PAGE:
What the Texas Workers’ Compensation Law Means for You
No one likes to think about the possibility of being injured on the job and not being able to work. But, unfortunately, tens of thousands of Texans are injured on the job every year.
In 2021 alone, there were 178,900 cases of Texas workers suffering nonfatal injuries on the job. Given how stressful the days and weeks following a workplace injury can be, it’s wise to understand how workers’ comp programs work in Texas before an incident occurs.
The first question to answer is a simple one: What benefits does workers’ compensation offer and what is covered?
Workers’ Compensation Covers Injuries and Sickness Caused by a Job
Under Texas Law, any employee who suffers an injury on the job or who gets sick because of their job are eligible for a range of benefits. These include:
- Income benefits to replace some of your wages. There are several forms of income benefits, such as temporary income benefits, impairment income benefits, and supplemental income benefits.
- Medical benefits to cover the cost of any medical procedure you are forced to undergo
- Burial benefits to whomever is paying for the funeral of someone who dies because of an injury or sickness they suffered on the job
- Death benefits to assist families of the deceased
There are some instances in which employees will not receive benefits if they suffer an injury on the job. Some examples of these exceptions include:
- The employee intentionally caused their own injury
- They injured themselves while intoxicated
- They were injured by someone else for reasons unrelated to the work
An attorney can review your workplace injury case in the event there are disputes over certain facts to determine if any of the above reasons were cited as a valid reason for your not receiving workers’ compensation benefits.
Texas Law Does Not Require All Employers to Carry Workers’ Compensation Insurance
Unlike many other states, most Texas businesses are not required to purchase workers’ compensation insurance for their employees. Employers who choose not to insure their workers do, however, need to notify the state as well as their employees.
There are several types of businesses that must still possess insurance. These include:
- City, county, and state government agencies
- Companies that do business with the government
- State Universities
- Transportation companies
- Employers of inmates in furlough programs
Understanding this aspect of the Texas workers’ compensation law is a critical first step. Ask your employer if they are insured. Their response will guide your next step.
If Your Employer Does Not Have Workers’ Comp, you Have Options Available to You
In Texas, all companies, no matter how big or small, are waiving certain legal protections against employee lawsuits if they choose not to purchase workers’ compensation insurance.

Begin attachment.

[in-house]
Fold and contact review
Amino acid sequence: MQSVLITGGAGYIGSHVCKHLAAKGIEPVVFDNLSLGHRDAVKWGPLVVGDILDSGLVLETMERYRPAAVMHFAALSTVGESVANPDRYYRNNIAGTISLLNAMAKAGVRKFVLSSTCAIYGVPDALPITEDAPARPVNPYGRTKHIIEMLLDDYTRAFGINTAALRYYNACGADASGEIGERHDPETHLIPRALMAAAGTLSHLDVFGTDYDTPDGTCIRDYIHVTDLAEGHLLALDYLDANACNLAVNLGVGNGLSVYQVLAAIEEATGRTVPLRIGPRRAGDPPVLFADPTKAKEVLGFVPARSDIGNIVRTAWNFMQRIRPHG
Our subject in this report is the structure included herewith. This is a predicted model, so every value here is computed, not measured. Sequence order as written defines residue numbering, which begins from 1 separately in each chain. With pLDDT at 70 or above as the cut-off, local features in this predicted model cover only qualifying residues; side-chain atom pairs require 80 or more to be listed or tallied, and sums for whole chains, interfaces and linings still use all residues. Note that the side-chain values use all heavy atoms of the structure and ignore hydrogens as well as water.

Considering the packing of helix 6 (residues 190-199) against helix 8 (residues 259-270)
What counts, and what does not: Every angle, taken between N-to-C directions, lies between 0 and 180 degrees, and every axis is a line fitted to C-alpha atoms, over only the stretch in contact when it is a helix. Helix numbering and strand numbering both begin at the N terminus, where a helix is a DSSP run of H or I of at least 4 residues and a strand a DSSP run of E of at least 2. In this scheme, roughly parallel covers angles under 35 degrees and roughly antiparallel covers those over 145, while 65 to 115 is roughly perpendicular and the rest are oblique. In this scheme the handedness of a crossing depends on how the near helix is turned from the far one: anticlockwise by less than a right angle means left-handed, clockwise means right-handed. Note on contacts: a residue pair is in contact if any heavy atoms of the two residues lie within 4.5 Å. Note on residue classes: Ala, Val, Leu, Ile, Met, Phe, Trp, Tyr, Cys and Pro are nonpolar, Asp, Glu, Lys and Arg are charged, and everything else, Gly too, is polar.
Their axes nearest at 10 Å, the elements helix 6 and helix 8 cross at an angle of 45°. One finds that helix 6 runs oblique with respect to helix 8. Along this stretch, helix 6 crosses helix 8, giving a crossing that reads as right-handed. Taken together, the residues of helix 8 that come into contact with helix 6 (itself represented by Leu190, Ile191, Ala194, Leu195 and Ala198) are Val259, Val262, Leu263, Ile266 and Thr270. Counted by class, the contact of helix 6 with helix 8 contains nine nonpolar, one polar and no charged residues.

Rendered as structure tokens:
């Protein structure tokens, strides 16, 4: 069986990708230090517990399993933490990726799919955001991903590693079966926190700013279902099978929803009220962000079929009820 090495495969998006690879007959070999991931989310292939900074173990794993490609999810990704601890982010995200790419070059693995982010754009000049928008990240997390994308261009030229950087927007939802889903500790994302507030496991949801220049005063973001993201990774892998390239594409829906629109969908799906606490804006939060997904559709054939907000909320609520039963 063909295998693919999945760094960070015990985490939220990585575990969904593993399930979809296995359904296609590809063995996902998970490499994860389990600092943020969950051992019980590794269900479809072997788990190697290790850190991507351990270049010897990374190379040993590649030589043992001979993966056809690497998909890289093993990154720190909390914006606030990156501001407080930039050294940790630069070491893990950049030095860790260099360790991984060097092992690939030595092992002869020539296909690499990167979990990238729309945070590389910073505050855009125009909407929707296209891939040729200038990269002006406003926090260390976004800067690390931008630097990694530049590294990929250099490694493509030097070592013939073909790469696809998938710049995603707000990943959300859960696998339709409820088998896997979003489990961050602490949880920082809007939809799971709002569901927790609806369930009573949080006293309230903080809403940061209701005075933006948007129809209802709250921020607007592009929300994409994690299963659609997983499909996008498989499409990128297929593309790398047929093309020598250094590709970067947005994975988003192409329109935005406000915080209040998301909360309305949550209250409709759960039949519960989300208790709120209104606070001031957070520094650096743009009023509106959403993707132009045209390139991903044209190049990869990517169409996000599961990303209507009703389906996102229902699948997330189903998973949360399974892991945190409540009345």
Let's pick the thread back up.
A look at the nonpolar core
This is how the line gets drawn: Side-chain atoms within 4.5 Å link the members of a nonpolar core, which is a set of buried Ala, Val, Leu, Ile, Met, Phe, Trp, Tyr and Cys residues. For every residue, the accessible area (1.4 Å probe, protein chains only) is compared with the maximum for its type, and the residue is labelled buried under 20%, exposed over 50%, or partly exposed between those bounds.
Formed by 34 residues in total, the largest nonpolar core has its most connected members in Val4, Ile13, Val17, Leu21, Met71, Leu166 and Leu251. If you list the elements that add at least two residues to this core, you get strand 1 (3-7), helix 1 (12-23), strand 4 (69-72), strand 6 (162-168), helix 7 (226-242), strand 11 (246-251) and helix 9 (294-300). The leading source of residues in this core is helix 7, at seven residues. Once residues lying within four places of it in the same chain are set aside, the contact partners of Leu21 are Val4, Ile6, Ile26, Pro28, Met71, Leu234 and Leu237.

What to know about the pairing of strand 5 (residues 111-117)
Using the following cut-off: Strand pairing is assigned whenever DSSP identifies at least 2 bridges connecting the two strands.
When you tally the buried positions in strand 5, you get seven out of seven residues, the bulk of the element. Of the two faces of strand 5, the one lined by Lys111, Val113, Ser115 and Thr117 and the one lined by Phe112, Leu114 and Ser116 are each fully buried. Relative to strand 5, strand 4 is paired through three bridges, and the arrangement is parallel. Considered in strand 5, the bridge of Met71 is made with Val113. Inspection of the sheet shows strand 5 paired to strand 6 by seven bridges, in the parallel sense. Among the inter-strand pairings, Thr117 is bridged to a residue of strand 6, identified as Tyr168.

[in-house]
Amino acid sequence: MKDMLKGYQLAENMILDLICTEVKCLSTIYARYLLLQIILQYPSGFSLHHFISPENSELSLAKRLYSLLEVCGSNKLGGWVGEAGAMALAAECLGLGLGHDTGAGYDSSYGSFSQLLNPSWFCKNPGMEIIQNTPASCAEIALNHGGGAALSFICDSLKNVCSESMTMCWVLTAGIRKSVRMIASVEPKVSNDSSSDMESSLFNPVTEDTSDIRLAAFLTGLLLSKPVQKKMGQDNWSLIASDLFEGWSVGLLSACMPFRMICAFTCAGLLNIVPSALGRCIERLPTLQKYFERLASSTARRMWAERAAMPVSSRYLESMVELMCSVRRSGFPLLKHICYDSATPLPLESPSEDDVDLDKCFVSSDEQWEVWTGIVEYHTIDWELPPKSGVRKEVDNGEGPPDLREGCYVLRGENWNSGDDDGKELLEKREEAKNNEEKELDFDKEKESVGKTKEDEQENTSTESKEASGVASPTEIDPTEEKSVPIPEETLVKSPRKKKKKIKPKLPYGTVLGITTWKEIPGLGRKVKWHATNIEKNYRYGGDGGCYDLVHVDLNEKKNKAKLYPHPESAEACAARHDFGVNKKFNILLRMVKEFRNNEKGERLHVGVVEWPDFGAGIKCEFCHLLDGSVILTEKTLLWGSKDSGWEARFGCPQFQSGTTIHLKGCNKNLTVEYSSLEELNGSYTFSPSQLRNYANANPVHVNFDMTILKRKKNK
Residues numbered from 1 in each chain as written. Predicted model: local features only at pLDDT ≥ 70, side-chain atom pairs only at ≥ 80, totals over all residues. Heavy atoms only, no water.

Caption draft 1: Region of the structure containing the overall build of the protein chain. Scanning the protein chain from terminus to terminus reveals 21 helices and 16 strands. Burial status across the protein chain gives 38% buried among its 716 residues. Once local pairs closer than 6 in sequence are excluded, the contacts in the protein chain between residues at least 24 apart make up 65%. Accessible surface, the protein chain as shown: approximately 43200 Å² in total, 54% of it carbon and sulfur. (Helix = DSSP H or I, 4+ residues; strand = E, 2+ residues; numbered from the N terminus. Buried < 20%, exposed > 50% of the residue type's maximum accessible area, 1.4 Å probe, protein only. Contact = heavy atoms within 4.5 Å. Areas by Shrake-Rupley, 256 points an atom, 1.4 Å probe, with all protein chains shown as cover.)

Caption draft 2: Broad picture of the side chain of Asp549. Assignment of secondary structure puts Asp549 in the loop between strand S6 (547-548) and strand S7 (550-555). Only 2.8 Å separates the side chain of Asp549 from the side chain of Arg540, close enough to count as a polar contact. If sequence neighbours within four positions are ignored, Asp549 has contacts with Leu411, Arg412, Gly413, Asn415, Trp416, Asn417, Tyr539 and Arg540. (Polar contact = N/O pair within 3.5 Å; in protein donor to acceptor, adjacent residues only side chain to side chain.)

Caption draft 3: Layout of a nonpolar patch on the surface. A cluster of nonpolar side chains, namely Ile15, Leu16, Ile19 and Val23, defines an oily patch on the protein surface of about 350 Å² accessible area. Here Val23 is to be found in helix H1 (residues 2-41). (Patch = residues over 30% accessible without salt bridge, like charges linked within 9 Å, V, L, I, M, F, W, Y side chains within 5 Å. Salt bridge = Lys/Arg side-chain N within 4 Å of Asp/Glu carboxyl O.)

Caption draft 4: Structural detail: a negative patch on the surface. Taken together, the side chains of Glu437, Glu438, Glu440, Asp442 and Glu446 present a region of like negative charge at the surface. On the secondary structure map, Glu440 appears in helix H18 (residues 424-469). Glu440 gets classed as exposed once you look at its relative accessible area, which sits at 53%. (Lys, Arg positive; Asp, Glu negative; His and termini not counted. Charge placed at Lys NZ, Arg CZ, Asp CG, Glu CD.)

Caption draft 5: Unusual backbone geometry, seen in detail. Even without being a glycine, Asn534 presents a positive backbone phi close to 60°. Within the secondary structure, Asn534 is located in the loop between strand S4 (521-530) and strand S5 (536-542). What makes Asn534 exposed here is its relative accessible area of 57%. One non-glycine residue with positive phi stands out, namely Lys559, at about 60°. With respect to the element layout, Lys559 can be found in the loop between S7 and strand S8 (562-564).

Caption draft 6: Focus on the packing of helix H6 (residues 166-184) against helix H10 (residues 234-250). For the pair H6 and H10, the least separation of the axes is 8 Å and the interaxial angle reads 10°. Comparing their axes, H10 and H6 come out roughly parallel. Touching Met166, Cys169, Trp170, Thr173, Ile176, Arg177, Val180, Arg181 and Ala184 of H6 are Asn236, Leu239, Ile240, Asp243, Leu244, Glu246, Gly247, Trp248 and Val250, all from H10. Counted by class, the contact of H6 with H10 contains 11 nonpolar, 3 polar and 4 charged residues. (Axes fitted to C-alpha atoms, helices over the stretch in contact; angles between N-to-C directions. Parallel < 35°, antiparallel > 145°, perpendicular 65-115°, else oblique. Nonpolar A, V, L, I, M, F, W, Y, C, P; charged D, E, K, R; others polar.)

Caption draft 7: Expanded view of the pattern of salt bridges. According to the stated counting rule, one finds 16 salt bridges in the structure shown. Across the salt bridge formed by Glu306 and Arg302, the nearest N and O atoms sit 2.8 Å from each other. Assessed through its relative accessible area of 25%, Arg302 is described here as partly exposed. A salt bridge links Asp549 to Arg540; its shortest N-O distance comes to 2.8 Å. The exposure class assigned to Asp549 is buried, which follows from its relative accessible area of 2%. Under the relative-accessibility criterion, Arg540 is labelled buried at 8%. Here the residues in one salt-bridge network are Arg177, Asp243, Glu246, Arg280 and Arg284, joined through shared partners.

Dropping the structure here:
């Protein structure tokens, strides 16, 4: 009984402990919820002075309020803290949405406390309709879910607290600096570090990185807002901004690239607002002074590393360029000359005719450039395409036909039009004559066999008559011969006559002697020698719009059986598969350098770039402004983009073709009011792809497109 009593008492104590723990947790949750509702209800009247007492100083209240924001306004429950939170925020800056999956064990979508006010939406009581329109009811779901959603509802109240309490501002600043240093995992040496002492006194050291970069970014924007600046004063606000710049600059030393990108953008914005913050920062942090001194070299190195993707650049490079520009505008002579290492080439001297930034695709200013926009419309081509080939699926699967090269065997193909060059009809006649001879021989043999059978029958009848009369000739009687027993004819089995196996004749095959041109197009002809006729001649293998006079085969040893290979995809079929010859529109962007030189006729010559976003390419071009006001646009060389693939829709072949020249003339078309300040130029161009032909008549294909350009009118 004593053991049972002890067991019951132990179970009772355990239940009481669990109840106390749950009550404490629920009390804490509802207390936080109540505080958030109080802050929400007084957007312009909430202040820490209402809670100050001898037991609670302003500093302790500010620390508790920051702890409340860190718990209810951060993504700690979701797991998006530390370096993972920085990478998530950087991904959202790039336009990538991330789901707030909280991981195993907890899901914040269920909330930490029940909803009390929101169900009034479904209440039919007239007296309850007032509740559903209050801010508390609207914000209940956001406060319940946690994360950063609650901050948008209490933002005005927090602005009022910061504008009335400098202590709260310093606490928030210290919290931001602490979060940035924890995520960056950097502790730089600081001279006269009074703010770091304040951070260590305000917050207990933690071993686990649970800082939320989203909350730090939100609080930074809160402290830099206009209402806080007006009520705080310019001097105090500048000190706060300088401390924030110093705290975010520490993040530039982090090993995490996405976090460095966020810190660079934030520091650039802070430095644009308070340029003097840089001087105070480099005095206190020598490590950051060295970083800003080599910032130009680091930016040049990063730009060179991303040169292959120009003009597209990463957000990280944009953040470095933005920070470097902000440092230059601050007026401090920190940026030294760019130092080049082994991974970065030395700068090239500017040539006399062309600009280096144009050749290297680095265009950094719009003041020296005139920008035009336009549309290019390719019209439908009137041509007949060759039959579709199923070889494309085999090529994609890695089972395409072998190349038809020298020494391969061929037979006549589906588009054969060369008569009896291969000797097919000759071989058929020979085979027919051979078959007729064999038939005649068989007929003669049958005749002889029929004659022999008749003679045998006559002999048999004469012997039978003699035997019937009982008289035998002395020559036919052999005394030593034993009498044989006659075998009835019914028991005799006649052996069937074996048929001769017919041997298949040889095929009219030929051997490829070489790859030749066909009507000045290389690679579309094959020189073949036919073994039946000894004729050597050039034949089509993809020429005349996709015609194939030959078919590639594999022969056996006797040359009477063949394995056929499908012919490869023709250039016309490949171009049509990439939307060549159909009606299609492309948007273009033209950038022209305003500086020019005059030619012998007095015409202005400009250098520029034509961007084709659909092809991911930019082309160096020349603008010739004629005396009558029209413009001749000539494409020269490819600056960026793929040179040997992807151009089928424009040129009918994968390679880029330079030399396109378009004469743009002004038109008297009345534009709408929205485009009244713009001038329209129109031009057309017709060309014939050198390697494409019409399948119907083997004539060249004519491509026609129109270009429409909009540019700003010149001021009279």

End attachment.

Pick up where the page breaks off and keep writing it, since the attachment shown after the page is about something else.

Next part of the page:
In fact, this insurance is actually meant to protect an employer against lawsuits from injured employees. It spares companies from having to dedicate time and money to contest workplace injury cases in court.
If your employer chooses to not purchase worker’s compensation insurance, Texas workers’ compensation law forbids them from making any of the following claims in court if you are injured on the job:
- Your negligence caused the injury
- Another employee’s negligence caused the injury
- You understood the danger associated with the role
These limitations greatly reduce your employer’s chances of success in court if you file a workplace injury claim.
You Must Report the Sickness or Injury to Your Employer
If your company does have insurance, Texas law requires them to report any workplace injuries to the Texas Division of Workers’ Compensation. Soon after suffering an injury or becoming sick on the job, you should provide your employer with all of the information they need to fill out a report. They should also provide you with the contact information of your insurer.
After your company contacts the TWC, you should receive a packet in the mail containing the following documents:
- Notice of Injury Letter
- DWC Form-041, which you must complete to file your claim within one year
- A list of your rights and responsibilities as an injured employee
- An overview of state resources to help you get back to work
- A checklist of items regarding your employer, doctor, and their insurance carrier
While your company’s insurer will payout any benefits owed to you, the TWC can help resolve disputes if any arise while ensuring your employer complies with Texas law regarding worker’s compensation.
If You’ve Suffered a Workplace Injury, Trust Hodges & Foty
At Hodges & Foty, we have helped clients who have been injured on the job recover tens of millions in settlements. If you believe your employer is responsible for your injury, contact us today for a free case evaluation.